Drinking Irish Whiskey on the Red Line or the Missing Puzzle of Shane MacGowan’s Teeth · Sean Thomas Dougherty

I see this commercial
  with MMA icon Conor McGregor
for this new whiskey
  that my friend tells me is a “mild
disappointment for the tongue”
  but then asks if I’d tried the whiskey
distilled with the help of Shane MacGowan
  legendary ex-lead singer
for the Irish punk band, the Pogues,
  I saw play at the Orpheum
in Boston when I was young
  & Shane was so drunk he forgot
the words in mid song singing Dirty Old Town
  & lit a cigarette
& when he opened his mouth again out came
  I can’t get no/ Satisfactionnnnnnnn
by the Rolling Stones,
  & he was one of my heroes,
I learned as much about poetry
  from his lyrics “I saw my love
at the factory wall”
  & the red brick mills
gone silent in Lawrence and Lowell
  playing hoops till dark with Greek & Khmer
& Puerto Rican boys,
  & there was something in the air
with the Cubans fighting in Angola
  & Mandala speaking from a prison cell,
& the shady boys from Southie we drank with
  who we knew ran guns to boats –cargo holds
of contraband headed to Northern Ireland—
  it was all part of a great struggle
not completely apart from—
  all those rough boys missing teeth,
like our Irish hero Shane MacGowan,
  those gone two front teeth we knew
were somewhere on some bar room floor
  in Tipperary, kicked out the front door
& how they turned into the opposite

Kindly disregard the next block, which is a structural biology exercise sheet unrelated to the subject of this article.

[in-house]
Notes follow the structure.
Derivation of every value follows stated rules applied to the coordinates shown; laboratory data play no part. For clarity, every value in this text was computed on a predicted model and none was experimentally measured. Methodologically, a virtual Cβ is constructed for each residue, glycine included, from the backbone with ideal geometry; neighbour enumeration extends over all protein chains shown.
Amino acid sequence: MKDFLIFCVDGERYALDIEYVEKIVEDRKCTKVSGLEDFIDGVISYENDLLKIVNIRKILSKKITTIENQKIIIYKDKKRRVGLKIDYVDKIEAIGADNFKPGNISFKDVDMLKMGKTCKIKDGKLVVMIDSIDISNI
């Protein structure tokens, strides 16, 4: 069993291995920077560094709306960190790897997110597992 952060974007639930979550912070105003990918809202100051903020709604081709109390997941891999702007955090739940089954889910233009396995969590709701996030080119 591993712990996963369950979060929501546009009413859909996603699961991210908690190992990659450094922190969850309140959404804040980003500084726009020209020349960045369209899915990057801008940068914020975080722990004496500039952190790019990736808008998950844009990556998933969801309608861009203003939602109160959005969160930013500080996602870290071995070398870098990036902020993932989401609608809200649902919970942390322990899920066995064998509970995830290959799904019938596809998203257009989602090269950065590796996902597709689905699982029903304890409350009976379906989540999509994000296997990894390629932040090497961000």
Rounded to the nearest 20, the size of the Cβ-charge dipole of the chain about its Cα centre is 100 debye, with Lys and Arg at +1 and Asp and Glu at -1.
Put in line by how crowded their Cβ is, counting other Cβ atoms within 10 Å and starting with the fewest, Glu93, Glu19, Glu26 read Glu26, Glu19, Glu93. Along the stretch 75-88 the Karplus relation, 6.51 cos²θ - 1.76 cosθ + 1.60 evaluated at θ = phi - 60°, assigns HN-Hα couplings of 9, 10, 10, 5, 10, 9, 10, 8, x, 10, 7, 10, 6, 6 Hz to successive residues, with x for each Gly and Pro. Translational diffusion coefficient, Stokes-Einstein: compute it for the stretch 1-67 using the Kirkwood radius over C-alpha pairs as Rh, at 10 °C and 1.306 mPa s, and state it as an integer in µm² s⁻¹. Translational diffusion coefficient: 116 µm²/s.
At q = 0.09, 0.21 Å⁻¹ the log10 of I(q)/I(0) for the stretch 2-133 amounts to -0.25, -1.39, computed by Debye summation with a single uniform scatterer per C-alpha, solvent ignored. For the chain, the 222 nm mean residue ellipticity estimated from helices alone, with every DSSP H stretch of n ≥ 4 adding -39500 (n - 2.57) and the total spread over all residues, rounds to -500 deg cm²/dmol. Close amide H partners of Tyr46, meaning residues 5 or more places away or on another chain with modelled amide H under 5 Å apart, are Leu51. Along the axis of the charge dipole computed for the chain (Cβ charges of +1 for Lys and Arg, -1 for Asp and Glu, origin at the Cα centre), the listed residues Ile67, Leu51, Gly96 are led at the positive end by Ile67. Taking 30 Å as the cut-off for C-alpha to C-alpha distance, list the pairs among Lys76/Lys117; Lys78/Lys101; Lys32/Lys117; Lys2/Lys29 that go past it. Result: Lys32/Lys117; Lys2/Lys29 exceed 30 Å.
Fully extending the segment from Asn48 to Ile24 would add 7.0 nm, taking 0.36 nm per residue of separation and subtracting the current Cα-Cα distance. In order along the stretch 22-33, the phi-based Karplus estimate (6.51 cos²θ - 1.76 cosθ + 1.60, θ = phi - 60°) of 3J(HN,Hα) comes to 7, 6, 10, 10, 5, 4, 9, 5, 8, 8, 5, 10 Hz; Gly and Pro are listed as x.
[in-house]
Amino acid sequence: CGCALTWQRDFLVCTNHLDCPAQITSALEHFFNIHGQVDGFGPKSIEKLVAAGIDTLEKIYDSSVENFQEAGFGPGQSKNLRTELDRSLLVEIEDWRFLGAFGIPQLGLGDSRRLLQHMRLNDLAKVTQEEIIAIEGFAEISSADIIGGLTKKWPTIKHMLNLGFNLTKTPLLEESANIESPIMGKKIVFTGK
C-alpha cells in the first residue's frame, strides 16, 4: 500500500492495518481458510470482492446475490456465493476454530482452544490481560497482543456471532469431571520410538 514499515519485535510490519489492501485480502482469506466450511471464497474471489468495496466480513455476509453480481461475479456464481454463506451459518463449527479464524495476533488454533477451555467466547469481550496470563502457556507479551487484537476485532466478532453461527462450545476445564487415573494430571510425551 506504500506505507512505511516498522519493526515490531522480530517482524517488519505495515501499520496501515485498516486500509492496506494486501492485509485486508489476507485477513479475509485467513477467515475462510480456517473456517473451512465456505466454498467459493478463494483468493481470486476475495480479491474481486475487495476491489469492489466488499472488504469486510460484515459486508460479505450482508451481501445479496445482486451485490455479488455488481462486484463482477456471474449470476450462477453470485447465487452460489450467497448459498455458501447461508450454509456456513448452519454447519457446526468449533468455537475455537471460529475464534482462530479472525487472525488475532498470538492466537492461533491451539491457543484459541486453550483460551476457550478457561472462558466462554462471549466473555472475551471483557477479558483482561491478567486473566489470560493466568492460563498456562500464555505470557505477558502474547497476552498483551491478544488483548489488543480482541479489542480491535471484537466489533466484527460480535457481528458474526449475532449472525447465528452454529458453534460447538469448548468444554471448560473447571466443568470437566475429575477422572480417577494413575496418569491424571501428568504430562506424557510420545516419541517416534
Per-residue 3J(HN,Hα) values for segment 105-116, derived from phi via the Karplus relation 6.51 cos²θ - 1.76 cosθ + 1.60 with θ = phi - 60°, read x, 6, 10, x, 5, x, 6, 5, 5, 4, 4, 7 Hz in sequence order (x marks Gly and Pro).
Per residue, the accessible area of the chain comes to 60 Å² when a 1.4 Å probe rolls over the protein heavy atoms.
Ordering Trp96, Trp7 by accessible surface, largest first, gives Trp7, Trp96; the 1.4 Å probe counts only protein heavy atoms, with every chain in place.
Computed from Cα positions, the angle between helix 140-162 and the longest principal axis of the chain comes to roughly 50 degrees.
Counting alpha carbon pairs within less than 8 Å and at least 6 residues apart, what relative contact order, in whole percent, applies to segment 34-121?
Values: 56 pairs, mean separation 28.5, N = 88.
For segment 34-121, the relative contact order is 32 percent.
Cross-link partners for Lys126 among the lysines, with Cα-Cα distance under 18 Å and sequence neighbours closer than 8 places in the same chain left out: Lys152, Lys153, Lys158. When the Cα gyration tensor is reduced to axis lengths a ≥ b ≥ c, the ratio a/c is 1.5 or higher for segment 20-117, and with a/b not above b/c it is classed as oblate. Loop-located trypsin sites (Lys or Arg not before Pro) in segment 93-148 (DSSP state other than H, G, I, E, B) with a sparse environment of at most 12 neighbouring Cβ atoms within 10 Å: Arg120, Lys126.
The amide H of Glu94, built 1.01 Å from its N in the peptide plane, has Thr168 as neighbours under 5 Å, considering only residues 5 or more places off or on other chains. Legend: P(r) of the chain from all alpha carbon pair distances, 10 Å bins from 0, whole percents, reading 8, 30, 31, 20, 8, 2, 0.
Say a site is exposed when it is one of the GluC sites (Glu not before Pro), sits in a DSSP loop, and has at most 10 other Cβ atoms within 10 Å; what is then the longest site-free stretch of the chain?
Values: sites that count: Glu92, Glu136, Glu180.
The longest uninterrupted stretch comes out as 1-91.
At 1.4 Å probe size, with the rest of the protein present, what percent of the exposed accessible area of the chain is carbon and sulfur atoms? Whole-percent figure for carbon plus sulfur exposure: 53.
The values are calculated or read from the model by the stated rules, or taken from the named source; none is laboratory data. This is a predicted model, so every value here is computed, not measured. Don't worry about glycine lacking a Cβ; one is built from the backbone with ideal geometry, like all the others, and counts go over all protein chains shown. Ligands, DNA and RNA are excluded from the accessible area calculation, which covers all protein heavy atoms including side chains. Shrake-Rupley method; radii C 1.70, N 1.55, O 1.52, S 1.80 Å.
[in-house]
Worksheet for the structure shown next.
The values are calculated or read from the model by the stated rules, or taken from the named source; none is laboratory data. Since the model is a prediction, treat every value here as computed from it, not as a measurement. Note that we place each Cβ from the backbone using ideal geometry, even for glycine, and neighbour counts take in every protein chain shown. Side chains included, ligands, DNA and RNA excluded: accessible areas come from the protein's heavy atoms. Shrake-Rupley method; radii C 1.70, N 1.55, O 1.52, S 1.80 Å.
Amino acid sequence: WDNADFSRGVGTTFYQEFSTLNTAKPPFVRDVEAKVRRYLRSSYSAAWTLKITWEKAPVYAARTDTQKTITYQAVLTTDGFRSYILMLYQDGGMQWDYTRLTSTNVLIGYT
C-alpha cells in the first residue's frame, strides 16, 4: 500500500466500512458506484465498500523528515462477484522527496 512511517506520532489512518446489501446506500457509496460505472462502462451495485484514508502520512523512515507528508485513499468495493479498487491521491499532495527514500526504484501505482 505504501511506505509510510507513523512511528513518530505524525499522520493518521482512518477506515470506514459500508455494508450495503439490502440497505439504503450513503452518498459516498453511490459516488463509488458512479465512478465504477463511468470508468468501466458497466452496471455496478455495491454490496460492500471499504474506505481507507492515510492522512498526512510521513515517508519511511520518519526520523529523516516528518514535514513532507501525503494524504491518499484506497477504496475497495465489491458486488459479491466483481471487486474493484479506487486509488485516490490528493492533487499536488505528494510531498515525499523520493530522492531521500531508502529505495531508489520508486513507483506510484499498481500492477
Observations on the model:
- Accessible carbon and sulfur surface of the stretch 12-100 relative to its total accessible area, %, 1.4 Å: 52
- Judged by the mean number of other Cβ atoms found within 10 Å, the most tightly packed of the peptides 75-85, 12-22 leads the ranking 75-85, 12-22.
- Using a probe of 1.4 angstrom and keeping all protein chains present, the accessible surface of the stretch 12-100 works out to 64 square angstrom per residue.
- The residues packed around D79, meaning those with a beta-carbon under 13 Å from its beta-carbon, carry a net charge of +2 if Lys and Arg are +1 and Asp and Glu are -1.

of empty bullet casings on a Belfast street
or blooms into white peonies
  that ran along the dirty river
in a dirty town along a factory wall,
  turned into posters and pamphlets
& LPs and broken guitar strings,
  the two front teeth of Shane MacGowan
became accordion keys
  that played a punk riff
in some dive club
  where the boys & girls clashed
into each other’s bodies
  & lifted their pints
& knew the lyrics to every song
  as if they were singing out a new anthem
to a new revolution & thousands were sailing
  back then, coming over from Dublin & Derry
to work as waiters and waitresses
  & bar backs & loading trucks
& in the last shoe factories
  without green cards
& only a phone number
  of someone’s cousin who lived on the third floor
of some walk up tenement in Revere.
  We were hopped subway turnstiles.
We were the records and the late rent.
  Our rented lives
we could witness something small
  & beautiful in the distance
leaving us,
  like two sparrows
flying over TV antennae’d roofs,
  Or the two sorrows
we carried in our chests
  empty as the bullet holes
we fingered
  in the bathroom door
of every dive.
  What righted wrongs.
What uncollected debts.
  Beyond something that could be ruined,
there was a useless kind of love we claimed.
  We were the space between things
we ran up the long stairways
  of walk up flats,
the dark tunnels between trains,
  back alleys & empty lots, corner stools
in corner bars, the white space
  between words on a page.
The silences we turned into songs.
  Like Shane MacGowan’s missing teeth,
what absences we named.

Sean Thomas Dougherty is the author or editor of 17 books including The Second O of Sorrow (BOA Editions 2018), cowinner of the Paterson Poetry Prize, and Alongside We Travel: Contemporary Poets on Autism (NYQ Books 2019). He works as a Med Tech in Erie, PA. His website is seanthomasdoughertypoet.com.